Pain cravings

August 29, 2014

It starts with chocolate. The next stage varies, but it always starts with chocolate.

I once read about why chocolate helps with pain. It affects some neurotransmitters or something. Mostly I think it’s a distraction.2014-08-29 14.49.20 I really like it. And that’s probably why I crave sugar, too. Two days ago I opened a bag of kettle corn. If I’d had more sugary foods, I’d probably have eaten those, too.

Then there’s the craving for fatty foods. I don’t eat a lot of fatty foods normally, and when I do, it’s in small quantities. But as the pain has gotten worse, I’ve really wanted fatty foods. I asked a visitor to go to a place nearby that has gluten-free french fries and get me a large order. In hindsight, I should have asked for 2.

Since I can’t leave the house, and I don’t keep a lot of sugary or fatty foods at home, pain cravings always leave me in a bind. I know from experience that I can eat a lot of this junk, but be thinner than usual when this current wave of worse-than-average pain finally subsides. I think that’s why I crave fatty foods – my body is looking to make up for the extra calories I’m burning off just by being in pain. Whatever the reason, I just wish I could walk down the street to buy a bag of Cheetos. Unhealthy? Yes. But will they comfort me? Yes!

I’ve been wondering, does anyone else get food cravings when they’re in pain? If you do, what do you crave? And does it help physically, mentally, and/or emotionally?

In search of chocolate and reasonable customer service

June 3, 2014

The thing about avoiding gluten is that it isn’t always obvious where the gluten is hiding. I do web searches, but often there’s no clear indication about the product I’m searching, or there’s something clear but it’s 5 years old. Sometimes a product is well labeled, but often it isn’t. And that brings me to my two-day search for chocolate chips.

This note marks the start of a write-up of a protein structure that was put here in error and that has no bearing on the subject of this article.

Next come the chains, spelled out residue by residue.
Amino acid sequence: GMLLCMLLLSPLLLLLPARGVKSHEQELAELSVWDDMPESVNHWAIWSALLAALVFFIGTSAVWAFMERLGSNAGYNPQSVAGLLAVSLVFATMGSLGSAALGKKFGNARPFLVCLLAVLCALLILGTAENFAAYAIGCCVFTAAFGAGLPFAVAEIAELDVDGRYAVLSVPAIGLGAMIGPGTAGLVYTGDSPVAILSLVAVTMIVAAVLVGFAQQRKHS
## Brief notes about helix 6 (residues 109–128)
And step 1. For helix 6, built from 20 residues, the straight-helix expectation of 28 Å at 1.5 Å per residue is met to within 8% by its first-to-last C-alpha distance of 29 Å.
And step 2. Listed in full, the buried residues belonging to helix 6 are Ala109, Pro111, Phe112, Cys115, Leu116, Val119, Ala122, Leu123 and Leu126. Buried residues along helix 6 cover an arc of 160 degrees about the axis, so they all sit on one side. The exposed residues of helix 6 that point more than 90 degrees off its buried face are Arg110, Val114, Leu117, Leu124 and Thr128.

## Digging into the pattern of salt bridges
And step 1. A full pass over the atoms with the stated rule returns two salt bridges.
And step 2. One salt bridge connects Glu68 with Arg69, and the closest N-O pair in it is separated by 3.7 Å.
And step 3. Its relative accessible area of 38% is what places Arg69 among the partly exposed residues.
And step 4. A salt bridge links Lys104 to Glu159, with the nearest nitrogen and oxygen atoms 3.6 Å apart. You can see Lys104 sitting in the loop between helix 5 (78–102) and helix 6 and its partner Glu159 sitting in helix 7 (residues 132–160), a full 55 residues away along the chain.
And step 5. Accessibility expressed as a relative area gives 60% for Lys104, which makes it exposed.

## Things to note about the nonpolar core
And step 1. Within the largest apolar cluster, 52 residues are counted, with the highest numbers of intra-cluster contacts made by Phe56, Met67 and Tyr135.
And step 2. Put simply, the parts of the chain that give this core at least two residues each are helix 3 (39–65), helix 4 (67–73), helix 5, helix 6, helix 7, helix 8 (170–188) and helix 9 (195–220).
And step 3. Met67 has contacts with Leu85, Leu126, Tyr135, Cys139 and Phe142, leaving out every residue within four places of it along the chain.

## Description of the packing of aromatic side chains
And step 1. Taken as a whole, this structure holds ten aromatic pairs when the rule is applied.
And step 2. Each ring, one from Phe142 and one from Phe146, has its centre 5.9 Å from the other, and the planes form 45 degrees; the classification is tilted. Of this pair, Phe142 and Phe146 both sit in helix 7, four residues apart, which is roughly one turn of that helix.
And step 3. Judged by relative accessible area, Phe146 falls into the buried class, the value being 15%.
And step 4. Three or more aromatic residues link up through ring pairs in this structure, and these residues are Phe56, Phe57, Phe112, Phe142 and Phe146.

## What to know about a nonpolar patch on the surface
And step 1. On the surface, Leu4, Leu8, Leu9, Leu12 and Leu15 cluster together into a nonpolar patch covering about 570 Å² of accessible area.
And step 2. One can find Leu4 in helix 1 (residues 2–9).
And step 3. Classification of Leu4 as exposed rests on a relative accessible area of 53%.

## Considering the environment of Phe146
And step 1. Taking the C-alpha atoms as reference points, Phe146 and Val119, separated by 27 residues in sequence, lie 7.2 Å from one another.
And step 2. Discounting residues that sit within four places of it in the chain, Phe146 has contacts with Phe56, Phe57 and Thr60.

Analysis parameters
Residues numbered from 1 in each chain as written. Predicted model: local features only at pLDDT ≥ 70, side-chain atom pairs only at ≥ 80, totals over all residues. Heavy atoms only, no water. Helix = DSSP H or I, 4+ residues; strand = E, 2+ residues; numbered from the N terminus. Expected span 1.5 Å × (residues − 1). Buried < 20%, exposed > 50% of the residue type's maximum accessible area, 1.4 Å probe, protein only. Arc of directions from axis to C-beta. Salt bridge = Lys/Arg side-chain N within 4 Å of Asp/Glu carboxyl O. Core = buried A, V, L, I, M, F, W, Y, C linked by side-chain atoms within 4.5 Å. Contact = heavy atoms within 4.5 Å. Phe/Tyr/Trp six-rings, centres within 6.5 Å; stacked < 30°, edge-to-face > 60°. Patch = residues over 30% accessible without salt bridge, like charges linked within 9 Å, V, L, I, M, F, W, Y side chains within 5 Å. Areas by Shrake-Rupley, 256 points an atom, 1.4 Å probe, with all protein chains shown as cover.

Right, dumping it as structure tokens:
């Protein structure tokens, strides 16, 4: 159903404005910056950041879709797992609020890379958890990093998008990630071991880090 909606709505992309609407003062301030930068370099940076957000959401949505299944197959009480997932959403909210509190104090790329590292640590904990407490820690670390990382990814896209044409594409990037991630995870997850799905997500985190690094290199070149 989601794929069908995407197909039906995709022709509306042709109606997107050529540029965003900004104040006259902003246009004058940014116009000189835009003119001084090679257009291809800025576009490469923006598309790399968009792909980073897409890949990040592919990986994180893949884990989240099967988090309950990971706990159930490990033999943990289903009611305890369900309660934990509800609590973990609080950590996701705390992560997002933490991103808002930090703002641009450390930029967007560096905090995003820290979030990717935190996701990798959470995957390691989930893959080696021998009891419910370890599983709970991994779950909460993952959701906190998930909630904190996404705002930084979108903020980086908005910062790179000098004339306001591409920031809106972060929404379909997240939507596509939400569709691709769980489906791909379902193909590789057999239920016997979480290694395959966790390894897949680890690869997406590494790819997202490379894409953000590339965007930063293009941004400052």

A different cake made by my aunt

A different cake made by my aunt

Chocolate itself usually doesn’t have any gluten-containing ingredients (though there are exceptions.) However, flour is often used on conveyor belts to prevent sticking, and that means that the chocolate isn’t actually gluten-free. If the chocolate package isn’t labeled, then, how do you know? The answer is that you call the company.

I decided not to have a birthday cake this year. Just having a party will be exhausting enough and I didn’t want to have to worry about stopping at the gluten-free bakery that day. I didn’t mind. Well, not too much. Then my aunt offered to bake me a cake! She’s always been so considerate of my food restrictions, and she’s one of the few who I trust to cook or bake for me.

The other day, with my party fast approaching, she emailed me a list of ingredients. She said she wanted to use Ghirardelli chocolate chips. Yum! I could find the info on the web site, so I called the company 6 times and each time I heard the same message about how no one was available and I should leave a voicemail and it would be returned. I left a message, but it was never returned. Not helpful.

With Ghirardelli not an option, my aunt suggested Callebaut. Again, the information I needed wasn’t on the web site. The first time I called, I got a message about how no one was available, etc. I didn’t leave a message. When I called later, I got a human being – success! Or so I thought. She needed a product number. When I said I didn’t have one, she said she couldn’t help me because they have multiple products. I asked her to tell me which of their chocolate chips are gluten-free, even if it’s more than one, and she said she couldn’t do that. Well, I’m not about to spend hours standing in a store aisle calling customer service numbers where I may or may not reach someone and reading off product numbers! That’s a #customerservicefail if I ever heard one!

Finally, my aunt said she could use Nestle, though it wasn’t her first choice. Maybe it wasn’t her first choice, but it sure was my favorite! I didn’t even check the web site this time. When I called I got a human right away. She didn’t transfer me. She apologized for making me wait about a minute while she pulled up the information. Then she read through multiple items and told me not only that they didn’t have any gluten ingredients, but that the equipment did not process wheat products. That was it. Simple. Straightforward. Easy. The way customer service should be.

I get that gluten-free folks, those of us with an actual medical condition and not just the ones doing a fad diet, might not be the most powerful demographic for companies to reach out to, but they still should. If they ignored every small group, they wouldn’t have many customers left. And really, it’s the right thing to do. Anyone should be able to find out if a product contains allergens. I understand that having a product number might be more convenient for them, but it’s just not realistic for customers. And it’s not necessary. If Nestle can be so helpful without a product number, then should the other companies have that same capability?

So it looks like I’ll get my birthday cake, and it won’t make me sick. Too bad it was so hard to get the information I needed to begin with!

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